Movies Made in NYC
An incredible number of movies have been shot in, around, and about New York City since motion pictures began. Here are some of the better, more popular ones through the decades.
The Wolf of Wall Street (2013), directed by Martin Scorsese and starring Leonardo DiCaprio
"Scorsese's New York" is a visual love letter to NYC through the eyes and talents of its most enduring son, Martin Scorsese. This montage by production company House of Nod and editor Robert Kolodny is a pleasant cinematic tribute to the filmmaking veteran's unwavering love for his birthplace and draws on 14 of the director's films. In three short minutes, you get a feel for many of the myriad ways Scorsese has shot the city in his decades-long career.
When Harry Met Sally (1989): One of the most memorable location scenes in New York City's history was filmed at Katz's Delicatessen at 205 East Houston Street, featuring Meg Ryan, Billy Crystal, and a customer played by the mother of the film's director Rob Reiner. The table at which the scene was filmed now has a plaque on it that reads, "Congratulations! You're sitting where Harry met Sally."
Big (1988): The toy store on 5th Avenue provided the setting for the fondly remembered scene in which Robert Loggia, a toy company executive making weekend rounds, joins Tom Hanks, a 13 year old boy inhabiting the body of a man, in a spirited duet on a giant electronic keyboard. Though most of the displays were those found in the actual store, the overscaled keyboard was added by the film's production designer as a way to subtly reinforce the movie's underlying confusion of big and small.
Kramer vs. Kramer (1979): The transformation of Ted Kramer (Dustin Hoffman), from a career-obsessed ad man into a caring, attentive father after his wife of many years has abruptly left him is played out in this abiding ritual of family life in the city. The Mall in Central Park is the setting for this heart-rendering scene where Ted hands back his son, Billy, to his estranged wife Joanna (Meryl Streep). Unaware of the pain that his father feels, Billy runs happily into his mother's arms.
Breakfast at Tiffany's (1961): Among the most romantic of all sequences filmed in New York City are those in Blake Edwards’ screen adaptation of Truman Capote’s tale, “Breakfast at Tiffany’s”. The film’s opening sequence showed Audrey Hepburn as Holly Golightly, still wearing a glamorous evening dress from the night before, staring dreamily into Tiffany’s gem-filled window as she consumes a breakfast of coffee and a Danish pastry. The scene took place at the corner of 5th Avenue and 57th Street.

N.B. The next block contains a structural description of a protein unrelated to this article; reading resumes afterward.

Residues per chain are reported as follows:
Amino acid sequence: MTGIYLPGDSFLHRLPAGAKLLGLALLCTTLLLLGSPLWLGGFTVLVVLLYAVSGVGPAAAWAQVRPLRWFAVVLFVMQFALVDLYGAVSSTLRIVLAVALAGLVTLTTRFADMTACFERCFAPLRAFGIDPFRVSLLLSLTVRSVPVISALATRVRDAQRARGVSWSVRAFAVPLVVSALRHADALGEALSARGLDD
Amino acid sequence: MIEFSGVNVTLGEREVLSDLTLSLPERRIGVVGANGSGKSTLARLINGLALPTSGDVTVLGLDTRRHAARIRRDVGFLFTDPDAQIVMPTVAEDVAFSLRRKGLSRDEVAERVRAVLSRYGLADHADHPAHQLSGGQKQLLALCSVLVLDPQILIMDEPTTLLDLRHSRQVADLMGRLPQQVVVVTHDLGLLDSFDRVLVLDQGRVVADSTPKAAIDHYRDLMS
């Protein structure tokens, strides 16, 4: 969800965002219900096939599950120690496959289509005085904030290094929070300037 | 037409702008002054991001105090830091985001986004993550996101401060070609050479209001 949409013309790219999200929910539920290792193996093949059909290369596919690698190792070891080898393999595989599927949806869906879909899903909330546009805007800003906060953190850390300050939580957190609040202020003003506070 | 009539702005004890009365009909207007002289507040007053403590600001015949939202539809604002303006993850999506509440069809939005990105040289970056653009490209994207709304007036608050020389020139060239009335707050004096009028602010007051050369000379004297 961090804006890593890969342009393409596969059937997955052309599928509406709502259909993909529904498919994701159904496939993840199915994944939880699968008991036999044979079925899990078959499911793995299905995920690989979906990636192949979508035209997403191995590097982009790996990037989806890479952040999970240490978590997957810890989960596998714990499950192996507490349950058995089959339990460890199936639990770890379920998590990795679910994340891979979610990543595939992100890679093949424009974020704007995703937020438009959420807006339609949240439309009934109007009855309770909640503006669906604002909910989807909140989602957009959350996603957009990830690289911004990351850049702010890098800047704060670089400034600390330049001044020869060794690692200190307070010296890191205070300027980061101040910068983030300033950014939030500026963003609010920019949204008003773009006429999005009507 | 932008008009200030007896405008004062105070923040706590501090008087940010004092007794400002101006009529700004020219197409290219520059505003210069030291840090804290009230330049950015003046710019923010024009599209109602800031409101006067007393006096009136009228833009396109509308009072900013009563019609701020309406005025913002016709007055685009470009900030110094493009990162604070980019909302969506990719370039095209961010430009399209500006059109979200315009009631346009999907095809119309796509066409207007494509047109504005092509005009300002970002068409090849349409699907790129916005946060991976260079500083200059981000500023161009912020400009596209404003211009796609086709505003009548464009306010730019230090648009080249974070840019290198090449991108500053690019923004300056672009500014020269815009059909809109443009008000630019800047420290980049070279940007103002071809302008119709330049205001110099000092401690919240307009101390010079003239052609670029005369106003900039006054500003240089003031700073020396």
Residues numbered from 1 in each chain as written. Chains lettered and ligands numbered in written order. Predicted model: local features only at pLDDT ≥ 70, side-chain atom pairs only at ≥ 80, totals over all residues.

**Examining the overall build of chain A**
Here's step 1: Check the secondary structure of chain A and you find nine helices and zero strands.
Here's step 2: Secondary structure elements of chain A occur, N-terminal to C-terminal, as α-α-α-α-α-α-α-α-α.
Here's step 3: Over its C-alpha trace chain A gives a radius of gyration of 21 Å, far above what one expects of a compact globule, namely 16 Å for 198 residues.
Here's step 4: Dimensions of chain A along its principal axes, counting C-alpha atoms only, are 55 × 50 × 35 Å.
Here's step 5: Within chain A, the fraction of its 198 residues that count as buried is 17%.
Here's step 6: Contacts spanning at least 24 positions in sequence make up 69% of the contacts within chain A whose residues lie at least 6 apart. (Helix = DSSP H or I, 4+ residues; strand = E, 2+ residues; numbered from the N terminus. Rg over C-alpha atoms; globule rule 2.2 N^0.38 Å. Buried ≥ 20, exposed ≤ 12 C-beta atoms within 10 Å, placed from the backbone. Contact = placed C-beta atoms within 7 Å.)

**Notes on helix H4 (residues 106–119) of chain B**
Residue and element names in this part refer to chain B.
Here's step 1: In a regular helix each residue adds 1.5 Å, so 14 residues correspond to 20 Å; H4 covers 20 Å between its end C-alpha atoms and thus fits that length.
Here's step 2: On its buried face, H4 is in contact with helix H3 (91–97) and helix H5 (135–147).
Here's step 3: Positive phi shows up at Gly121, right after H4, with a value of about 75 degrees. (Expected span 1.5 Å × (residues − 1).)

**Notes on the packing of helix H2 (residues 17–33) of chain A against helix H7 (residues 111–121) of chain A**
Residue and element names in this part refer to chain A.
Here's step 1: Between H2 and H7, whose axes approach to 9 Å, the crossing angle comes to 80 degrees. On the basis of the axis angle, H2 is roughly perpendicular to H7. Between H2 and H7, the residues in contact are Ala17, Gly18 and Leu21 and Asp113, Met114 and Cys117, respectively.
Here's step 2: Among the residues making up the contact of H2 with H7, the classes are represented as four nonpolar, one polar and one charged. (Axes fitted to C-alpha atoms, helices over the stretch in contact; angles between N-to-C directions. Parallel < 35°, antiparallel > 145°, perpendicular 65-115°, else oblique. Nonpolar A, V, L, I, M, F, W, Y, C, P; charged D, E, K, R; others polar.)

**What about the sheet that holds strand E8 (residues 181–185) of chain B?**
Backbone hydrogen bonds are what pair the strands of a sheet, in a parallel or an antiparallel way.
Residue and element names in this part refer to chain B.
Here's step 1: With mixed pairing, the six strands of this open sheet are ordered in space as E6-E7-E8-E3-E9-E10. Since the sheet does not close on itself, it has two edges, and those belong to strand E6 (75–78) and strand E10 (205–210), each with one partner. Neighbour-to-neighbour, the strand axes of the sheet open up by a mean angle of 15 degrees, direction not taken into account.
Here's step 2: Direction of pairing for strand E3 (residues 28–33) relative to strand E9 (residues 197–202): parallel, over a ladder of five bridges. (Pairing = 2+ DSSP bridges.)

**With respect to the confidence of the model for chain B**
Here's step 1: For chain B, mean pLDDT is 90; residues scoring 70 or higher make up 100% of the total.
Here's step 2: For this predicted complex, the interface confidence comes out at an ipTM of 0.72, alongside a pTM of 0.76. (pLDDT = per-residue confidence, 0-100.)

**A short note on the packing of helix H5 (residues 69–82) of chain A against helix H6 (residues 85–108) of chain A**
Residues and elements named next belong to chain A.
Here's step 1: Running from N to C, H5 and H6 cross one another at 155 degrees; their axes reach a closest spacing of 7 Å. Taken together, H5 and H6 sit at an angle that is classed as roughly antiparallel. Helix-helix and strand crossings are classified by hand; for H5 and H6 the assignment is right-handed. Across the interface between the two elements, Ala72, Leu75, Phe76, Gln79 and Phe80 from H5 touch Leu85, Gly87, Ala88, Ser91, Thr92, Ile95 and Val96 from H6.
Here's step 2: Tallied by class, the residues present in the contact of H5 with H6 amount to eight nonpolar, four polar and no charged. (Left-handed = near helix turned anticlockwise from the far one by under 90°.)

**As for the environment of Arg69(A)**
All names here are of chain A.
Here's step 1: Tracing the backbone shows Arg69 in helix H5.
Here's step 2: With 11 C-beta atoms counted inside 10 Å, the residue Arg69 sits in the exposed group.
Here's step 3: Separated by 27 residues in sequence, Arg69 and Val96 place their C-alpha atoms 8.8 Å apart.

Crocodile Dundee (1986) - Michael J. "Crocodile" Dundee is an Australian crocodile hunter who visits New York City, and soon finds the culture and life a lot different than his home town of Walkabout Creek. One of best scenes: During an attempted mugging, Sue tells Mick to do as they have been told. Unfazed, Mick chuckles, “That’s not a knife,” then draws a large Bowie knife that is 10 times the size of the muggers and says, “That’s a Knife!”
Dog Day Afternoon (1975): Based on an actual bank robbery that took place in 1972, Sidney Lumet's film was shot almost in its entirety on a quiet stretch of shopfronts on Prospect Park West btw 17th and 18th Street, just south of Park Slope, Brooklyn. Al Pacino played the mastermind bank robber Sonny Wortzik, who would often leave the safety of the bank and stand in the street shouting abuse at the gun-pointing police.
Taxi Driver (1976) - When screenwriter Paul Schrader wrote this scene it simply said "Travis talks to himself in the mirror" - there was no specific dialog given. Everything that insomnia-plagued taxi driver Travis Bickle (Robert De Niro) says during his faux-conversation was improvised by De Niro on the spot. To this day, whenever someone walks by a mirror they can't help but utter his now famous line "You talking to me?"
Midnight Cowboy (1969) - As want-to-be gigolo Joe Buck (Jon Voight) and crippled scam artist Ratso (Dustin Hoffman) crossed a street in New York City, a REAL NYC taxi cab driver who ignored all the "Street Closed for Filming" signs drove through the scene. Hoffman immediately responded in typical New York fashion by slamming his fist on the taxi's hood while yelling "I'm Walking Here!" This wasn't scripted and Hoffman's response and actions were all improvised, in character.